updated 06:00 pm EDT, Thu May 10, 2012
Tool could be available within weeks
[Updated: video added] Chronic Dev Team hacker Pod2G, who reported last week of being able to get an untethered jailbreak running on an iPhone 4, has updated his progress with further news. He has gotten the jailbreak exploit to work on most other iOS devices capable of running iOS 5.1, regardless of processor type. The breakthrough, which may not apply to the latest iOS 5.1.1 update, could mean a public tool for untethered jailbreaks will arrive soon.
The jailbreak technique is not yet available for public use, as Pod2g reports that it needs stabilizing and packaging, but the news gives hope to iPhone 4S and third-gen iPad users who had been looking for a jailbreak method in order to use some customizing and non-App Store apps. He reports that the third-generation Apple TV device hasn't been tested yet and may not work with the hack. He also plans on testing the exploit with iOS 5.1.1.
Jailbreaks rely on OS exploits in order to inject altered ROM code into the firmware of the device, but it generally needs to be customized for each different processor. An "untethered" jailbreak is ideal, as it is persistent across restarts. A "tethered" jailbreak, which is already available for some iOS 5.1 and 5.1.1 devices, must be re-applied by attaching the device to the computer after any restart or power-down. Other developers are also working on untethered jailbreaks for various iOS devices.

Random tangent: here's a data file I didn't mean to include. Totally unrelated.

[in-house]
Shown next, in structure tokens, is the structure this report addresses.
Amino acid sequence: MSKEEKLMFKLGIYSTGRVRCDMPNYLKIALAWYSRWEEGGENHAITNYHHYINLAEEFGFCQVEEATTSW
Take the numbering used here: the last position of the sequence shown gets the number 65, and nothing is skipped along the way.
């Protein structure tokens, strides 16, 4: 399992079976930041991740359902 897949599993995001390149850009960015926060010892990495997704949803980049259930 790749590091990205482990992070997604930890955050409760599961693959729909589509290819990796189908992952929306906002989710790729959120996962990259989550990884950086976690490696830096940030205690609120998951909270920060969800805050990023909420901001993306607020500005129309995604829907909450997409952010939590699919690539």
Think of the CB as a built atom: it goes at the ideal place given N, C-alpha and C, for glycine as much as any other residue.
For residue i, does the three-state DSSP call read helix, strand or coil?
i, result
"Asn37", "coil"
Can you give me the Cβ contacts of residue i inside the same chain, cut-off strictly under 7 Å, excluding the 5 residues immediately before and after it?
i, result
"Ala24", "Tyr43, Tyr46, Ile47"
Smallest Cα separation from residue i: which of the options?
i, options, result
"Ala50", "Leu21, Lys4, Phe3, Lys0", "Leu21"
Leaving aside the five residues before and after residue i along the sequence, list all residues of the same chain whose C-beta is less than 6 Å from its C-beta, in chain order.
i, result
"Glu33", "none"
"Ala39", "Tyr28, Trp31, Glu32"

The process of getting the jailbreak into a publicly-usable form may take a while, but it looks increasingly likely that an untethered jailbreak should arrive before the next major release of iOS, giving many users the option of running a jailbroken device. Owners of older devices in particular often experiment with jailbreaking to help extend the useful life of the device, or gain abilities that no current App Store app offers.
Users under warranty are cautioned that Apple will not fix any problems it suspects may have been caused by the jailbreaking process. In most circumstances, the device can be reset to factory settings, but sometimes this is not possible (known as "bricking" the device).
Update: Pod2g has added a video demonstrating the untethered nature of the jailbreak (below). In it, he demonstrates an iPad that is running iOS 5.1 that remains jailbroken after a restart.